Apoorva Lakhia, best known for his works like Shootout at Lokhandwala, Mission Istanbul and Haseena Parkar, is all set to venture into the web space. The director is making his OTT debut with Voot's Crackdown, having an ensemble of Saqib Saleem, Iqbal Khan, Shriya Pilgaonkar, Waluscha De Sousa, Rajesh Tailang.
In conversation with International Business Times, India, Apoorva talked more about his web debut, how he feels filmmaking has changed since the time he debuted as a film director and will we see him helming lighter genres.
Excerpts from the interview:
The trailer is intriguing and has subtle hints of various subplots. Tell us more about Crackdown?
If I compare, the closest example will be of an onion. The show has various layers into it. Although. I have not made the show in hope to change the planet. It is a commercial show based in the contemporary world. The larger theme gets triggered from one instance which happens during the course of the show. It's a pretty fast-paced show with 25-30 min per episode and can be binge-watched in 4 hours.
Watch the trailer here:
What made you say Yes to this one, considering it was your Web show debut?
For someone who is in the creative field, it's nice to experiment with different genres; different aspects of filmmaking. When I met with the production house Voot, they also wanted to do a different show. During the meeting, we were on the same wavelength- something that is fast paced and contemporary. And while films are made for 2-2.5 hours, I wanted to take this challenge of making content for 4-5 hours and make it as interesting as possible. In films, you have songs, comedy scenes, etc. On OTT we have so many options it's easy to move on to some other portal. So I took it as a challenge.
Back in 2003, when you made your film debut with Mumbai Se Aaaya Mera Dost, how much of a difference do you see in terms of directing a film and all the intricacies that are involved.
Of course, it has changed. More professionalism has come into it. Now, actors are hungrier because there is much more competition, and so many platforms where they can prove themselves. The talent pool has increased and people can audition from any part of the world. The technology has changed a lot; the equipment you get to experiment with. When we, as a director, watch some amazing show, we become intrigued how did they actually do it. So, we have come a long way.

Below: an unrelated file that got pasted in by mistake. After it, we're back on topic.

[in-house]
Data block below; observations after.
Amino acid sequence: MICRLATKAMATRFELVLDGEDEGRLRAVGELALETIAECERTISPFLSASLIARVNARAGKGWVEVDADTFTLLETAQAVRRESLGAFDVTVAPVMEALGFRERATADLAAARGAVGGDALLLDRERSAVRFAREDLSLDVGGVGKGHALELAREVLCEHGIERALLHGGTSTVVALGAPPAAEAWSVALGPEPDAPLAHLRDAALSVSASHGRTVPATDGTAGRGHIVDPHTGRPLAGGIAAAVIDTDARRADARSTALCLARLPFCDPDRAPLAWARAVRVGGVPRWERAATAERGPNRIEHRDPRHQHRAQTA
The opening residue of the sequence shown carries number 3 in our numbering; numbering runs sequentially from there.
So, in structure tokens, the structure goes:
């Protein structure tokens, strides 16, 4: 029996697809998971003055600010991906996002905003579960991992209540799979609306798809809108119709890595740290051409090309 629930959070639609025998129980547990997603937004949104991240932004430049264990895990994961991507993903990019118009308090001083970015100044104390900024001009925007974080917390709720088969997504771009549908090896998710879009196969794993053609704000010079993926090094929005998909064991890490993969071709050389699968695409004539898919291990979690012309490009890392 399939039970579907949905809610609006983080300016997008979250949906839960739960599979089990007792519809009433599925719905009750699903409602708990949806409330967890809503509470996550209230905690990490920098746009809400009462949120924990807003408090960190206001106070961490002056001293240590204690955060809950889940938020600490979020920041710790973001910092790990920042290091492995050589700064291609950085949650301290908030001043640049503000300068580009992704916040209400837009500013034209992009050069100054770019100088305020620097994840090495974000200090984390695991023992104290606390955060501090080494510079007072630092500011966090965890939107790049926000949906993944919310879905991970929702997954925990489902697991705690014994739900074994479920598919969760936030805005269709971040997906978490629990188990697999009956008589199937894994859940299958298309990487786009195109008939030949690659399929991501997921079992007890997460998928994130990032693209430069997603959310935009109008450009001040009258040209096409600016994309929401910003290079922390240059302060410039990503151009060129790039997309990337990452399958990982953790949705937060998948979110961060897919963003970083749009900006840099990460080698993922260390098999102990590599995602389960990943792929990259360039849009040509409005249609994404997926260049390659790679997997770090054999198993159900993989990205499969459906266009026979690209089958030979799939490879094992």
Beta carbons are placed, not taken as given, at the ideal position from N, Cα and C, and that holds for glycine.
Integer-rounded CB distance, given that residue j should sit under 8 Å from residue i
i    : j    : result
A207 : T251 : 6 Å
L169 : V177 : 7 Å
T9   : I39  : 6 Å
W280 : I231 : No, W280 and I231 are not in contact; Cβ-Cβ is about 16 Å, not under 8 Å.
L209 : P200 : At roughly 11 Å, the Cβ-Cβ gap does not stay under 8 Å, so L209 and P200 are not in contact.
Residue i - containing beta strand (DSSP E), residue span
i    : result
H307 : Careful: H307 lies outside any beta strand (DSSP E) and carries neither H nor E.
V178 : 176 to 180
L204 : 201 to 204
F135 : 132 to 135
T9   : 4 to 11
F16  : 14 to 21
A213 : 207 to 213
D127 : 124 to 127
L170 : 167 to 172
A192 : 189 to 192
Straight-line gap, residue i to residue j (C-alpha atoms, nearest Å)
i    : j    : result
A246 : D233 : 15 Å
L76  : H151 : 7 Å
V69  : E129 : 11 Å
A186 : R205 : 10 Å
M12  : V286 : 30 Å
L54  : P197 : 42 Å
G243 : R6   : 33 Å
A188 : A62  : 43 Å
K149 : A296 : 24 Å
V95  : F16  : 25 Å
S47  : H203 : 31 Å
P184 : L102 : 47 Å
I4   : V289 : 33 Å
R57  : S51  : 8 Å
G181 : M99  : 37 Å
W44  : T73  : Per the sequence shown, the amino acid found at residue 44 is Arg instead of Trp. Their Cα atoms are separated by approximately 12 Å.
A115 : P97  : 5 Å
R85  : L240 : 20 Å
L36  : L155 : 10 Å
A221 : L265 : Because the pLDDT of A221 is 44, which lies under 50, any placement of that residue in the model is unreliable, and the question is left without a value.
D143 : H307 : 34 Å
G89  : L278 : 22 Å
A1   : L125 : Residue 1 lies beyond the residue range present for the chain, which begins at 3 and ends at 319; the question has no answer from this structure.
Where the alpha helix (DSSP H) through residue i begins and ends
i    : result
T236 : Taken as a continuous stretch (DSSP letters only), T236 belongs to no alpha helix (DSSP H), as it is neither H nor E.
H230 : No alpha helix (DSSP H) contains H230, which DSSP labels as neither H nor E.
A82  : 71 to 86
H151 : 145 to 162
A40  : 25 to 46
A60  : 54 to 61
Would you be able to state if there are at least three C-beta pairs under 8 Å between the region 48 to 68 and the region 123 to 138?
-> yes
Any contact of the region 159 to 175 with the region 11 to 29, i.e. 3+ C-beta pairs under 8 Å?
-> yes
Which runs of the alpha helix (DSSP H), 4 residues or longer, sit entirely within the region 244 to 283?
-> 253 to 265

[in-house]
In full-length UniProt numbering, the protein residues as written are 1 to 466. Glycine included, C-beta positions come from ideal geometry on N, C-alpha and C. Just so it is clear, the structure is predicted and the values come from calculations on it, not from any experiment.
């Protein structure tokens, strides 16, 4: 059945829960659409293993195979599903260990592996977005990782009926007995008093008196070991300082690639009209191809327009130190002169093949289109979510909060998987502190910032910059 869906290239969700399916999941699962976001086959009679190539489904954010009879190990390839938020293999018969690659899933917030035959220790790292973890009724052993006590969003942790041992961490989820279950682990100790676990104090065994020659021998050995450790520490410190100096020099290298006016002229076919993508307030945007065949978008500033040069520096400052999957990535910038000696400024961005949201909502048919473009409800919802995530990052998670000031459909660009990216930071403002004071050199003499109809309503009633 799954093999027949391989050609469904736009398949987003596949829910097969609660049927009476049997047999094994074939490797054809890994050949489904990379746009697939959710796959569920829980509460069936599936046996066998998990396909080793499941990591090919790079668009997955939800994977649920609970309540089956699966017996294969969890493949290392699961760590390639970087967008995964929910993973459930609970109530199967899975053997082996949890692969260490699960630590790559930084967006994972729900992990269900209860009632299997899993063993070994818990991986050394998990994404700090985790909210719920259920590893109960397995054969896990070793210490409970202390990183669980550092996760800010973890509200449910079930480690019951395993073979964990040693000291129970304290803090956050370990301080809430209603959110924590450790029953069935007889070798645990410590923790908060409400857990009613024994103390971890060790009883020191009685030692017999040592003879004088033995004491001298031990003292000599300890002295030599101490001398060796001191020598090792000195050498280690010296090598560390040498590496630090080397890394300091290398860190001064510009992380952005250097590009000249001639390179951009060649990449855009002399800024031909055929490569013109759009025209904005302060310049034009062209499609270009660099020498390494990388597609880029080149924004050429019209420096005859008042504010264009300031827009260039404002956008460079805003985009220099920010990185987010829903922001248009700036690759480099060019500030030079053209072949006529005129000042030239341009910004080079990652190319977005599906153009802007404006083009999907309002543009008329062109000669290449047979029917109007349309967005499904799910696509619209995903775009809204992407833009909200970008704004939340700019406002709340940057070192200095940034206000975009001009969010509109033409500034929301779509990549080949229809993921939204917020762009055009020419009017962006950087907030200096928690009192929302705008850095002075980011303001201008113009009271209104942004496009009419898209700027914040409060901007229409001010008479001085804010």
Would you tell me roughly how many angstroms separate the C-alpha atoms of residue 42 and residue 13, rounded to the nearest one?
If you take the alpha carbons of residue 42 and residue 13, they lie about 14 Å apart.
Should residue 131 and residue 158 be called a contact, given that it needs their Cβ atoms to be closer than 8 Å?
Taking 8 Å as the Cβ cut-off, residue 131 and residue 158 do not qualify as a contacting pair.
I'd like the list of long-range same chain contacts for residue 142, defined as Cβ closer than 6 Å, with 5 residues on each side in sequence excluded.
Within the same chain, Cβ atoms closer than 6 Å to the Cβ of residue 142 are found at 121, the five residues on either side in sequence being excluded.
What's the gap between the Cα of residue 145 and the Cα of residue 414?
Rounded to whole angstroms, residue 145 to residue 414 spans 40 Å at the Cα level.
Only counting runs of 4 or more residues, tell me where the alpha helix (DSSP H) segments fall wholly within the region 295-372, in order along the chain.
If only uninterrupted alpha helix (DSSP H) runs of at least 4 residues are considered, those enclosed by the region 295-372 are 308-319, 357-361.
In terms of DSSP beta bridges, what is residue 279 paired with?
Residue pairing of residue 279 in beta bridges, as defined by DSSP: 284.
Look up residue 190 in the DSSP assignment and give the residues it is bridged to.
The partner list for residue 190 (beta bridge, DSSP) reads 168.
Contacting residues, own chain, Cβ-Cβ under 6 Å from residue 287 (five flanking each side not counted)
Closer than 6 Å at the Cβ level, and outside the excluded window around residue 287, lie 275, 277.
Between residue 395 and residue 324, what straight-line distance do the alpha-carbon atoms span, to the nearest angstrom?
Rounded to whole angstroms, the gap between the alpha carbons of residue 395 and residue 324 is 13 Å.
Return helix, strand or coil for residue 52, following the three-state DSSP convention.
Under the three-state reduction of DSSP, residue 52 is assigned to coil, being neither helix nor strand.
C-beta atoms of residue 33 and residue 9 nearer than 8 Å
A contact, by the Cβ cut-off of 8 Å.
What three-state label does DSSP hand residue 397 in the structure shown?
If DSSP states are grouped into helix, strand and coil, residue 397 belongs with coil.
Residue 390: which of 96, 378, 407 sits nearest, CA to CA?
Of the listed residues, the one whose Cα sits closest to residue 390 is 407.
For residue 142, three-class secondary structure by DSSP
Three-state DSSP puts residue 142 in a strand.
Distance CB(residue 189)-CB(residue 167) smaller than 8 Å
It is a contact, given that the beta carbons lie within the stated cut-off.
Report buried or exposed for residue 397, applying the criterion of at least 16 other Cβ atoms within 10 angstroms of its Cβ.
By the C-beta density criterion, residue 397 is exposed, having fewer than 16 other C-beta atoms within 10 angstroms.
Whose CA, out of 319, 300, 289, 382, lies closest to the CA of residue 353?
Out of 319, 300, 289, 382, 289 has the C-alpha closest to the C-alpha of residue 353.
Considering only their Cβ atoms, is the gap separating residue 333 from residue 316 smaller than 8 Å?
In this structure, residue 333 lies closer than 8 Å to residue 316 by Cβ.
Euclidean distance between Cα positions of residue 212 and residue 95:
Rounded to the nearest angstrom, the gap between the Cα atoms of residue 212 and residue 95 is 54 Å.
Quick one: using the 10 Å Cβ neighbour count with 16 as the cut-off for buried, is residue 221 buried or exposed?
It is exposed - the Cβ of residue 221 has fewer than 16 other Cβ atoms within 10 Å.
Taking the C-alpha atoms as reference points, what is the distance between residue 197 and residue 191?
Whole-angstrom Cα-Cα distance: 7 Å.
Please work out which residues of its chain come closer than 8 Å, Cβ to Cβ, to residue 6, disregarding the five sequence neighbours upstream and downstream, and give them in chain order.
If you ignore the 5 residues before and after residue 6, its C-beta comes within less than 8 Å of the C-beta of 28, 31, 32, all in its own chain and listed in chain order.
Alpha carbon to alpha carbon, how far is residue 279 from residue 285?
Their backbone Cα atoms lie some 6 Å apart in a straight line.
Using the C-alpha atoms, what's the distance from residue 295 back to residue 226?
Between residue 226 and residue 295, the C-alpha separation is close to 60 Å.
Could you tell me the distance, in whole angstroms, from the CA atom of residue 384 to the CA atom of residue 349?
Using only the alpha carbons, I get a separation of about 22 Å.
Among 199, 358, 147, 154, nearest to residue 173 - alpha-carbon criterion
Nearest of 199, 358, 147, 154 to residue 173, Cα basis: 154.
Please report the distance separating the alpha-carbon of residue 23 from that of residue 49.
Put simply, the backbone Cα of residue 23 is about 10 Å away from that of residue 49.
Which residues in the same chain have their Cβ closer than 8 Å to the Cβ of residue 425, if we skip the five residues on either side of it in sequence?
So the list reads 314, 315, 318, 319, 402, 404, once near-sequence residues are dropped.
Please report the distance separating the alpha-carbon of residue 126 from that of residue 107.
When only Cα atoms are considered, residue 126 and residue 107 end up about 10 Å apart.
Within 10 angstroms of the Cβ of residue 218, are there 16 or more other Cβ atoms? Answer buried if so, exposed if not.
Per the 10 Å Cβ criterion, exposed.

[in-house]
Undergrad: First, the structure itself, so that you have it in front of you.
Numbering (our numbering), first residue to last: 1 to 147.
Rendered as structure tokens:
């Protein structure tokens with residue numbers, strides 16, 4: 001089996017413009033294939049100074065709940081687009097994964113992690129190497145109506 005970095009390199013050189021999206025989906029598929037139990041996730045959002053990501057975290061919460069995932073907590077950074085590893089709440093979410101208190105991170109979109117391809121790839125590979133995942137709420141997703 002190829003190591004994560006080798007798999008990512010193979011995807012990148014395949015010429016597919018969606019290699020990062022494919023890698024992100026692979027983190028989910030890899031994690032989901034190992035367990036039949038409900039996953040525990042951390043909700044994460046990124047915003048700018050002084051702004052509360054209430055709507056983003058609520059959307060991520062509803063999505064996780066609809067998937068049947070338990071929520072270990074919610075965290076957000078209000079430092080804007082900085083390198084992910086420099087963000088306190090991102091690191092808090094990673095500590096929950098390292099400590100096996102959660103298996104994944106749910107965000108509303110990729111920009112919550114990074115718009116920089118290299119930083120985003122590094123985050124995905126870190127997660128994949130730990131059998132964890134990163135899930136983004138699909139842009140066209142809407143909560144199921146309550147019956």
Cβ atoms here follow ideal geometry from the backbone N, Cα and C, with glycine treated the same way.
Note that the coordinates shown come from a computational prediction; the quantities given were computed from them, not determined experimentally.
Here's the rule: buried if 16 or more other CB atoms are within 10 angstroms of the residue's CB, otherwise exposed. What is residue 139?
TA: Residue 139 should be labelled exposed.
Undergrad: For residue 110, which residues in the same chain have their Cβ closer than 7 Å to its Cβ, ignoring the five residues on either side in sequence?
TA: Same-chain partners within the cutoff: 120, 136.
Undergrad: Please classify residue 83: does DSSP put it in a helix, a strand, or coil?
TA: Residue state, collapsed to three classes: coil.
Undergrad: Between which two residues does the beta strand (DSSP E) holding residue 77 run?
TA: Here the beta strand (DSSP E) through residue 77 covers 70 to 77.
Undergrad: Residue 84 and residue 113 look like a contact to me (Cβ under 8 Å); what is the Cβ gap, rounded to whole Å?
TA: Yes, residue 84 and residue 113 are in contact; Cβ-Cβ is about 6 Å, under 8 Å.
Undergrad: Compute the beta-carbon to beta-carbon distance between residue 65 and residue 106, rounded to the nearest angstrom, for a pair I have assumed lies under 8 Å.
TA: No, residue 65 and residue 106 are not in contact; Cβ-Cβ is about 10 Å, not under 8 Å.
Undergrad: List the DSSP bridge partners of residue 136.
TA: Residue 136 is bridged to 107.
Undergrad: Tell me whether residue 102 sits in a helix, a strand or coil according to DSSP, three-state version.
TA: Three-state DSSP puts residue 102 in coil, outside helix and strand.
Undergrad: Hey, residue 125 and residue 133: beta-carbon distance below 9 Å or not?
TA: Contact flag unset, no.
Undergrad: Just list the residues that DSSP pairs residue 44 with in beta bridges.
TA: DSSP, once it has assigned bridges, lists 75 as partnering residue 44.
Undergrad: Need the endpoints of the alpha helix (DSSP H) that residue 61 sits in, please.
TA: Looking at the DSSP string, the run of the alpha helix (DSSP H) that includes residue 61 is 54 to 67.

What about the religious undertones in the trailer?
There is no real undertone and none of us was ever trying to give a message. I believe in doing subjects which entertain me. As far as the dialogues, it has come out of situations that character faces in the show. We have branded a person, a community or a profession, because there are one or two bad apples. Eventually, the show is about terrorism and protecting the country which is so diverse- with different cast and creed. It all came up during the script. We were worried these dialogues should not go in the trailer but I had to fight for them because I truly believed in them.
Your projects have usually dealt with dark topics- Drama, Thriller, Action. What attracts you to this genre?
I can work on projects only which I like to do. There were a lot of films which I thought were good but didn't work and vice versa. When I made Shootout at Lokhandwala, I didn't think it was going to be as big a hit it became. It was a film extremely violent for that time. It had a micro focal point which was the location- the Lokhandwala complex. But, that kind of worked. I like to make films where I have to research and I feel satisfied with character development. I am not a very busy director in that sense and average out 3-3.5 years per project. I keep reading scripts in the meantime too.
Will the audience ever get to see you helm a lighter genre, say Comedy or Romance?
You see, Comedy is a very difficult genre. And I don't think people will understand my sense of humour anyway, because they are politically so incorrect that I can get arrested. But it is still a pipeline dream. There was this one time, I went to a producer with a romantic script. At first, he had a good laugh at me and gave me another script which had 50 guys being shot in the first sequence itself. That's my life now.